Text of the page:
Carbone Fine Food CEO: Inflation Hurts Middle-Tier CPG Brands Most

As consumers adjust their spending in response to inflation, Carbone Fine Food is seeing middle-tier consumer packaged goods (CPG) get edged out by budget options while higher-end players continue to find their audience.

In an interview with PYMNTS, Eric Skae, CEO of the brand, which is the CPG offshoot of famed New York City Italian restaurant Carbone, discussed how he sees inflation affecting grocery shoppers’ behaviors.

“I wouldn’t want to be in the middle today. I’d want to be out there on the low or the high. I think the middle is getting squeezed in CPG in general,” Skae said, later adding, “when times are tight, you’re either going low, or if you don’t have those restrictions, you’re going high. You just don’t have that consumer that’s going into the middle.”

Many consumers are changing their grocery spending habits amid inflation. According to data from the May installment of PYMNTS’ Consumer Inflation Sentiment series, “Consumer Inflation Sentiment Report: Consumers Cut Back by Trading Down,” which drew from an April survey of more than 2,000 U.S. consumers, 57% have cut back on nonessential grocery purchasing. Plus, 47% of consumers have switched to merchants that offer better prices for at least one grocery product.

Additionally, PYMNTS research found that many grocery shoppers make decisions about where they will shop based on deals and prices. For the study “Consumer Inflation Sentiment: The False Appeal of Deal-Chasing Consumers,” PYMNTS surveyed more than 2,100 U.S. consumers about inflation’s effect on their shopping habits and relationships with retailers. The results revealed that 44% of grocery shoppers are deal chasers, willing to go wherever they will get the best price.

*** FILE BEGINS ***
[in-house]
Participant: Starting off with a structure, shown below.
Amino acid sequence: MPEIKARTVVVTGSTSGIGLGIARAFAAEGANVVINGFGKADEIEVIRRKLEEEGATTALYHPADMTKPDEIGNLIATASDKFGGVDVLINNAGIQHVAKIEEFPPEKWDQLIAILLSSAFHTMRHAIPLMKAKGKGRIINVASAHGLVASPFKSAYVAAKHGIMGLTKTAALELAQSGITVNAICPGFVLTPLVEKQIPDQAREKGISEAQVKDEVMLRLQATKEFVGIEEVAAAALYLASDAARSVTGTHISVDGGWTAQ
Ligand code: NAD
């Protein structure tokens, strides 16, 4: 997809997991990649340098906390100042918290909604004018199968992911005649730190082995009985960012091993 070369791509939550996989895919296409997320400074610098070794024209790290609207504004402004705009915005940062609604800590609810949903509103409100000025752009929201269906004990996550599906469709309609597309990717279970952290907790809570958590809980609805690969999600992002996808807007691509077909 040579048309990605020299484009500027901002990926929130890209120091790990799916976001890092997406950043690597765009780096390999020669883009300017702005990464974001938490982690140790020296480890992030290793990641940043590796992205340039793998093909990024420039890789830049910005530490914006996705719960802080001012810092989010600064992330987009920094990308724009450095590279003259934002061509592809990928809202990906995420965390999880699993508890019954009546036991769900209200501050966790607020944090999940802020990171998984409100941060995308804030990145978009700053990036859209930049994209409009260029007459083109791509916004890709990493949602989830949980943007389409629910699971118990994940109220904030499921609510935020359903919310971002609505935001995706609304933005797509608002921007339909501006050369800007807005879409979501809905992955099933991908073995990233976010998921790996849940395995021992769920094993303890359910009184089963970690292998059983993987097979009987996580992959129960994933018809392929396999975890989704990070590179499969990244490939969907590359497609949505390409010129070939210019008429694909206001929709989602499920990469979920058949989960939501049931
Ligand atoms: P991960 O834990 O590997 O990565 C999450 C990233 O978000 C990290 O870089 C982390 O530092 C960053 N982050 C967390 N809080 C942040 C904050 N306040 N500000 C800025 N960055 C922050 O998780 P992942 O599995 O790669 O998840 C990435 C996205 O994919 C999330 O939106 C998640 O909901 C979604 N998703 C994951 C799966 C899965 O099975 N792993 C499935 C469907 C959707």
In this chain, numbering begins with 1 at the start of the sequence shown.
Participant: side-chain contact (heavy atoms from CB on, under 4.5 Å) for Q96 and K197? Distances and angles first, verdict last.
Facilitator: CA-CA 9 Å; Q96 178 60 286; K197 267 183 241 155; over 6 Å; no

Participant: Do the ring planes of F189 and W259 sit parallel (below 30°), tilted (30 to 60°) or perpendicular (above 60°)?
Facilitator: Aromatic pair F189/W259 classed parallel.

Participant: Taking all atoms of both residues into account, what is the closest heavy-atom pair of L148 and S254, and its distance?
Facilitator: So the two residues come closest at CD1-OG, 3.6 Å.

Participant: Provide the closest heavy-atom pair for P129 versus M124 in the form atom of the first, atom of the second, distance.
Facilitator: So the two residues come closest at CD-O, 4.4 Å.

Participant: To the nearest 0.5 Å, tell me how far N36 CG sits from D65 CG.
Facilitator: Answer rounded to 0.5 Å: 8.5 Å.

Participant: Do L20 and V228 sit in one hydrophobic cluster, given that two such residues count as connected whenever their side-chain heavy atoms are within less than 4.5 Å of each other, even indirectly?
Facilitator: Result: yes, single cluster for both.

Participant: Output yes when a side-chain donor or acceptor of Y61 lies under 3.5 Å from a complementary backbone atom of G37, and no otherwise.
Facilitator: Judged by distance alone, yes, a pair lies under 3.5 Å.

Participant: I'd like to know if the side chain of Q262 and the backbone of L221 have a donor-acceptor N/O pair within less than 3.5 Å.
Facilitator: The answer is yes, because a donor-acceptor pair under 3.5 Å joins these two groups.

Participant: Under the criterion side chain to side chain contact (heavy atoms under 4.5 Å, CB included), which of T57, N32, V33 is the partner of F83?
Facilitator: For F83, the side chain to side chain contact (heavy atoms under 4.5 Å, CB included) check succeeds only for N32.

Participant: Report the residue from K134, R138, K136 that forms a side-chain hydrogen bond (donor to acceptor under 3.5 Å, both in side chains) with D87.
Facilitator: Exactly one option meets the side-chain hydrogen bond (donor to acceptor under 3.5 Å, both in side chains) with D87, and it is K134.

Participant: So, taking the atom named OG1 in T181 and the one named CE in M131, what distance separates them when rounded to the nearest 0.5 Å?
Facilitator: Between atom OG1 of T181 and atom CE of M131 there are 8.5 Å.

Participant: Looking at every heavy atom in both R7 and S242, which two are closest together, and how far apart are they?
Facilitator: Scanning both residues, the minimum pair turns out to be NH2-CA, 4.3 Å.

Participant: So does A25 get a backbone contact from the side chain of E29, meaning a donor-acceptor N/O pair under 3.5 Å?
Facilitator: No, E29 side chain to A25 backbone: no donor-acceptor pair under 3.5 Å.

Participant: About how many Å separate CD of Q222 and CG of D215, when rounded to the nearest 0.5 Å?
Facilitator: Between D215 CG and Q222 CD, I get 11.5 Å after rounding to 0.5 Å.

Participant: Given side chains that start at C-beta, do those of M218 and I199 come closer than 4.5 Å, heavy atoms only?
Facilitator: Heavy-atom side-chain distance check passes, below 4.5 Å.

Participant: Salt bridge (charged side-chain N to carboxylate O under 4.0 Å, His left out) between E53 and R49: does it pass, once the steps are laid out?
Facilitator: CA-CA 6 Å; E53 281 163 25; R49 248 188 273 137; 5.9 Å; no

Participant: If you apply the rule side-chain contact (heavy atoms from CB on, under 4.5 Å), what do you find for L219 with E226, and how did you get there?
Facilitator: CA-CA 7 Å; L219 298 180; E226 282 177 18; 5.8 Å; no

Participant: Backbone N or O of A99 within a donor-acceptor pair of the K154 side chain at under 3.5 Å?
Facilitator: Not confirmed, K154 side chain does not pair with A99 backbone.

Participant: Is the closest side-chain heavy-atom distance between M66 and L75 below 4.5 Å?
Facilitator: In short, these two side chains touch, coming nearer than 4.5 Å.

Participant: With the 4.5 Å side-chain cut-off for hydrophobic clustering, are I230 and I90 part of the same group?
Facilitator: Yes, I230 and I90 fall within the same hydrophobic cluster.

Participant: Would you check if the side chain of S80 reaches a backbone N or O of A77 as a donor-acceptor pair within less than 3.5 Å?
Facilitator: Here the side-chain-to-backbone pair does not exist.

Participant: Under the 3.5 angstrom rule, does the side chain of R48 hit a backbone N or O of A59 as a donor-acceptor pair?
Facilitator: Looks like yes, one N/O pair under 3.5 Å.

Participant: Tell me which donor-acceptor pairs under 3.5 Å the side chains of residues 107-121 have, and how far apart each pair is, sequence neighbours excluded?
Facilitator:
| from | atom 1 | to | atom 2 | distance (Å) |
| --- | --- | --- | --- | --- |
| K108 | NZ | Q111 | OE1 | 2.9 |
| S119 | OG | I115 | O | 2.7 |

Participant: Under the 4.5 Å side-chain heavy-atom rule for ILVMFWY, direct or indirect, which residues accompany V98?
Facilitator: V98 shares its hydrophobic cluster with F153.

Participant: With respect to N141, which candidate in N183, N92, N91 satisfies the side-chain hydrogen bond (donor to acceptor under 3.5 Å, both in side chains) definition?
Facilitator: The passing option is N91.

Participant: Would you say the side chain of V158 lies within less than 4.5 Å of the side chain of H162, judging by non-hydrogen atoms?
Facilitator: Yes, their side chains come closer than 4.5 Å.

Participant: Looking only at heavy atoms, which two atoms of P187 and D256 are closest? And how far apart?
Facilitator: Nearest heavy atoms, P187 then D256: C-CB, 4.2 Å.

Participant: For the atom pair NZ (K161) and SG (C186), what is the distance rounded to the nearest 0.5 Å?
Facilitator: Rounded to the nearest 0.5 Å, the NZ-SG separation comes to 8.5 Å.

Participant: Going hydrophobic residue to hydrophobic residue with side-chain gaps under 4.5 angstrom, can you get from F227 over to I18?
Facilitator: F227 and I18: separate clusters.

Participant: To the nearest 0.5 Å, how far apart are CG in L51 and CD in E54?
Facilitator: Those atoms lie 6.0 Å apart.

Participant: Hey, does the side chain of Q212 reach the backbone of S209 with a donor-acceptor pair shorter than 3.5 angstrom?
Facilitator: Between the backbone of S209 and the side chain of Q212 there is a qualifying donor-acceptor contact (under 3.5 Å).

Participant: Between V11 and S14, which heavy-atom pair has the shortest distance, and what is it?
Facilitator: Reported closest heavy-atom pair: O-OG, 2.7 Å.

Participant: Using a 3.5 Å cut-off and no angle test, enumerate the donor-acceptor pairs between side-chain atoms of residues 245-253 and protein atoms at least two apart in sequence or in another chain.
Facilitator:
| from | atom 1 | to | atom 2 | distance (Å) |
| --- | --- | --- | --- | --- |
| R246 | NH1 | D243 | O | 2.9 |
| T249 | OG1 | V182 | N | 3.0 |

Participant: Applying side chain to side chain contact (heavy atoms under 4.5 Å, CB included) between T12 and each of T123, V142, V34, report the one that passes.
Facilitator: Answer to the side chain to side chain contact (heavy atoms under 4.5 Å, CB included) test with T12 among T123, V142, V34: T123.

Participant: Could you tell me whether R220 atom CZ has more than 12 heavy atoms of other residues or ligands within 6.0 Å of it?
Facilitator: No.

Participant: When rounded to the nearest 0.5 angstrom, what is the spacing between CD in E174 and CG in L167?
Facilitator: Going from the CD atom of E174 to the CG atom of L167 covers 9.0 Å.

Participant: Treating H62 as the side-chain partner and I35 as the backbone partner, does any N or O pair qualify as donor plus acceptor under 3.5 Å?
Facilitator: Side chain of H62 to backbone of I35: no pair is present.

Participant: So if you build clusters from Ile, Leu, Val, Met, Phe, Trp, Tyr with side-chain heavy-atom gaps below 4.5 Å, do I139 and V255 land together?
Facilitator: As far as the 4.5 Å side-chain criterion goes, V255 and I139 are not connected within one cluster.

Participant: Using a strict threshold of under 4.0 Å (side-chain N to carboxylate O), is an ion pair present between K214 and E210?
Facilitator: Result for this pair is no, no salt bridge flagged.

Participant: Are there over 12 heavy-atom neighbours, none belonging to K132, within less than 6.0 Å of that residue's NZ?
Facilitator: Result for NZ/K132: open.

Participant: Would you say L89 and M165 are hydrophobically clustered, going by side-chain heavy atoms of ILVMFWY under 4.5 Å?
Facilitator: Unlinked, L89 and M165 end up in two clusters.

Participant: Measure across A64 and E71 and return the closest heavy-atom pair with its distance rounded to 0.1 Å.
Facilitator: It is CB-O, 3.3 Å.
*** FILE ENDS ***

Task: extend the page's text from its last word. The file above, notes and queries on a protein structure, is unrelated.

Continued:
Grocers continue to see consumers shifting to private-label products and trading down from higher-end merchants.

On the upper end, Skae noted, the kinds of consumers who would spring for a higher-priced sauce before this inflationary period continue to want high-quality options even amid economic pressures.

“I will hear at times, ‘I will not pay $9.99 for a sauce,’ but I think that’s the reality of a $9.99 sauce — no matter what the economic climate is, you’re going to have a certain consumer that buys it, and a certain consumer that just won’t spend that much,” Skae said.

Many consumers continue to find areas where they are willing to indulge even in the face of budgetary constraints. For instance, research from PYMNTS’ study, “New Reality Check: The Paycheck-to-Paycheck Report – The Generational Deep Dive Edition,” created in collaboration with LendingClub, which drew from a survey of more than 3,300 U.S. consumers, revealed that 63% had spent $100 or more on a nonessential item or service in the last three months. Even those without a financial safety net continued to prioritize these luxuries, with 58% of consumers who live paycheck to paycheck having done the same.

Plus, some consumers are trading down from restaurants to grocery, willing to spend a little more on higher-end products to ease the transition.

“During the recession, people cook at home more, and they cook better, and that trend just continues,” Skae said. “Even while people are going out to restaurants more, … people are still trading up, in the pasta sauce category at least.”